Dr Elizabeth Stanley is the director of the Institute of Criminology at Victoria University of Wellington. She’s been compelled to stick her oar into the debate:
Police Minister Judith Collins faced a barrage of criticism recently for her dismissal of poverty as a “driver” of crime. For the minister, crime problems are “primarily” linked to “a lack of responsibility” among parents.
Responsibilisation has become a dominant feature of the Government’s approach to significant social problems.
Can’t afford housing in the place you and your children were born? Solution: move to another island and start over.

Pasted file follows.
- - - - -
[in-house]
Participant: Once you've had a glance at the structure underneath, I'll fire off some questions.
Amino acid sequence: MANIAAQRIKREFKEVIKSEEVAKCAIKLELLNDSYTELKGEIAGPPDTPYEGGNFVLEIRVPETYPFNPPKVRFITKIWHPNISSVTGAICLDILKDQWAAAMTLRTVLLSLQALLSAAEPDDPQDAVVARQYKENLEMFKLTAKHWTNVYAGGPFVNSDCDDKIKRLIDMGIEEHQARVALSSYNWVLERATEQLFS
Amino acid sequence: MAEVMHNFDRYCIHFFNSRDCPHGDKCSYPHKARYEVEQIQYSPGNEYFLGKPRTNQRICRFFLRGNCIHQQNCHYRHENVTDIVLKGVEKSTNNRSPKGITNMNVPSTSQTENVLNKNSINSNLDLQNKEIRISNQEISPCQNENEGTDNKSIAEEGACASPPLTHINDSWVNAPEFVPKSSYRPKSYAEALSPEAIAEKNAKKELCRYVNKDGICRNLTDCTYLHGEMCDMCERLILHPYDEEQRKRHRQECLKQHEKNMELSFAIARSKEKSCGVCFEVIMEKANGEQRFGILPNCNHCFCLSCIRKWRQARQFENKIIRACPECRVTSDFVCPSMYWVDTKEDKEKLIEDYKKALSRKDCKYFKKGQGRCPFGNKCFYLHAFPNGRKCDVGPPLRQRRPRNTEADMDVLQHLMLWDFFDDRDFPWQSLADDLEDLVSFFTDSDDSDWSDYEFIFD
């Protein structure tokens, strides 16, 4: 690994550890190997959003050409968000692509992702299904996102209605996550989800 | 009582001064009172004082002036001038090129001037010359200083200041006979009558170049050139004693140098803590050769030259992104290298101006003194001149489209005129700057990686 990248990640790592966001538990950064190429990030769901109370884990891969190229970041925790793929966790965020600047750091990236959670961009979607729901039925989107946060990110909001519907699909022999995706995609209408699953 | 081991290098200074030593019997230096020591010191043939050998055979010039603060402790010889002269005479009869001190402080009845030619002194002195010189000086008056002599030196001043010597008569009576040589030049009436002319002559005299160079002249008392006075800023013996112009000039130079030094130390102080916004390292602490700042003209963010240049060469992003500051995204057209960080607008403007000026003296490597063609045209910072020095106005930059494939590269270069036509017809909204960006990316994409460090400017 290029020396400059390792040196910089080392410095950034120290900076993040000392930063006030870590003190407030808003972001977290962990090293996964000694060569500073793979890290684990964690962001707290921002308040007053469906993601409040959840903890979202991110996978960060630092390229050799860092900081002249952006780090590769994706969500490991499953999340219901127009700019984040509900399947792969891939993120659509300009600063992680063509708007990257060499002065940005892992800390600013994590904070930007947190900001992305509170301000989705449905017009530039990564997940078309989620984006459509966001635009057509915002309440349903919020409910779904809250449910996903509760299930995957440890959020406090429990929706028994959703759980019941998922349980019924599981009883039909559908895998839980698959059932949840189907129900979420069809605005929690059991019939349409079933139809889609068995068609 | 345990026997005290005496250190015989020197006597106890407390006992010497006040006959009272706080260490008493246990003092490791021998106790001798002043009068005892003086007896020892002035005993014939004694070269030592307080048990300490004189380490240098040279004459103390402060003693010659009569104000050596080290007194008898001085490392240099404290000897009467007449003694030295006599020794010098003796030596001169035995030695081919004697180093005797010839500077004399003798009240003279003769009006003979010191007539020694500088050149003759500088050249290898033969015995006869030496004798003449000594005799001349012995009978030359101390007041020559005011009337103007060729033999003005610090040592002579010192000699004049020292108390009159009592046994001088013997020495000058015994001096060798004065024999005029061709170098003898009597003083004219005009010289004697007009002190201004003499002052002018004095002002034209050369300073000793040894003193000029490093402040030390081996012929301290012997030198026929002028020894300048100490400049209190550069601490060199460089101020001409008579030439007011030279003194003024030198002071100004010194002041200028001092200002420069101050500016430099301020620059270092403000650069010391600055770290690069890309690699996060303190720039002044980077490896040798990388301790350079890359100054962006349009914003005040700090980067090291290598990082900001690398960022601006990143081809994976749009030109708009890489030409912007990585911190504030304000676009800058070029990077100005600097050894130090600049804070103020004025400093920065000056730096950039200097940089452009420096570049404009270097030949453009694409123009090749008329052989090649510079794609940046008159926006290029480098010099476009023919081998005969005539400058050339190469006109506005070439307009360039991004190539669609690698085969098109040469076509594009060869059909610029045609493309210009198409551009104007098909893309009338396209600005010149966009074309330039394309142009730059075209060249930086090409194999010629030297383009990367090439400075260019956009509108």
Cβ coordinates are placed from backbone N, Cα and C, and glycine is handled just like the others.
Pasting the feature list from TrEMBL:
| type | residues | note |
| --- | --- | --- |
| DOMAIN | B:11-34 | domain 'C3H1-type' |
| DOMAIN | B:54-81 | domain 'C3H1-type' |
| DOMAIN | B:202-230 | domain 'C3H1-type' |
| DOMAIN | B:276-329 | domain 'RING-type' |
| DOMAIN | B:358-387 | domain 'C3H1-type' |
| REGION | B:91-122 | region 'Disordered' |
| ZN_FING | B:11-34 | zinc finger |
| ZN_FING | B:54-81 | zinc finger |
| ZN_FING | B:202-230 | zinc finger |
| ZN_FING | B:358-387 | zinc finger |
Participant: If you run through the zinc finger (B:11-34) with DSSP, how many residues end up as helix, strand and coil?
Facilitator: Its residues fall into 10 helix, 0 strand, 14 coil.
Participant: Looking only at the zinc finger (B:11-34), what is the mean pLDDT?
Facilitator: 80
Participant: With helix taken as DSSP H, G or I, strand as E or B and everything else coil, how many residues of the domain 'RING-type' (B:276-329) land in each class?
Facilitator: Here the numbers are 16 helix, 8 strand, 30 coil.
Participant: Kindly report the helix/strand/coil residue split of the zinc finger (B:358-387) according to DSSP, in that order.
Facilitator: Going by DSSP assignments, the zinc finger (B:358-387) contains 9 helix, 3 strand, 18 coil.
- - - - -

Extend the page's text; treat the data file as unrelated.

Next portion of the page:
Struggling to cover weekly basic necessities on a poorly paid full-time job? Solution: enhance your “flexible working” with different employers or take out a Government loan.
And the alternative is? Give them more money? If we could spend ourselves out of poverty and crime, we would have done so already. In fact, during most Labour governments, spending goes up in these areas, with no noticeable difference in these kinds of problems.
…our best research repeatedly tells us that other crimes, including family violence or youth crime, are linked to poverty and inequalities.
The crimes we label, police, control and punish tend to be committed by those who endure significant economic disadvantage. In New Zealand, this has a further layer, as Maori suffer multiple levels of marginalisation. Read more »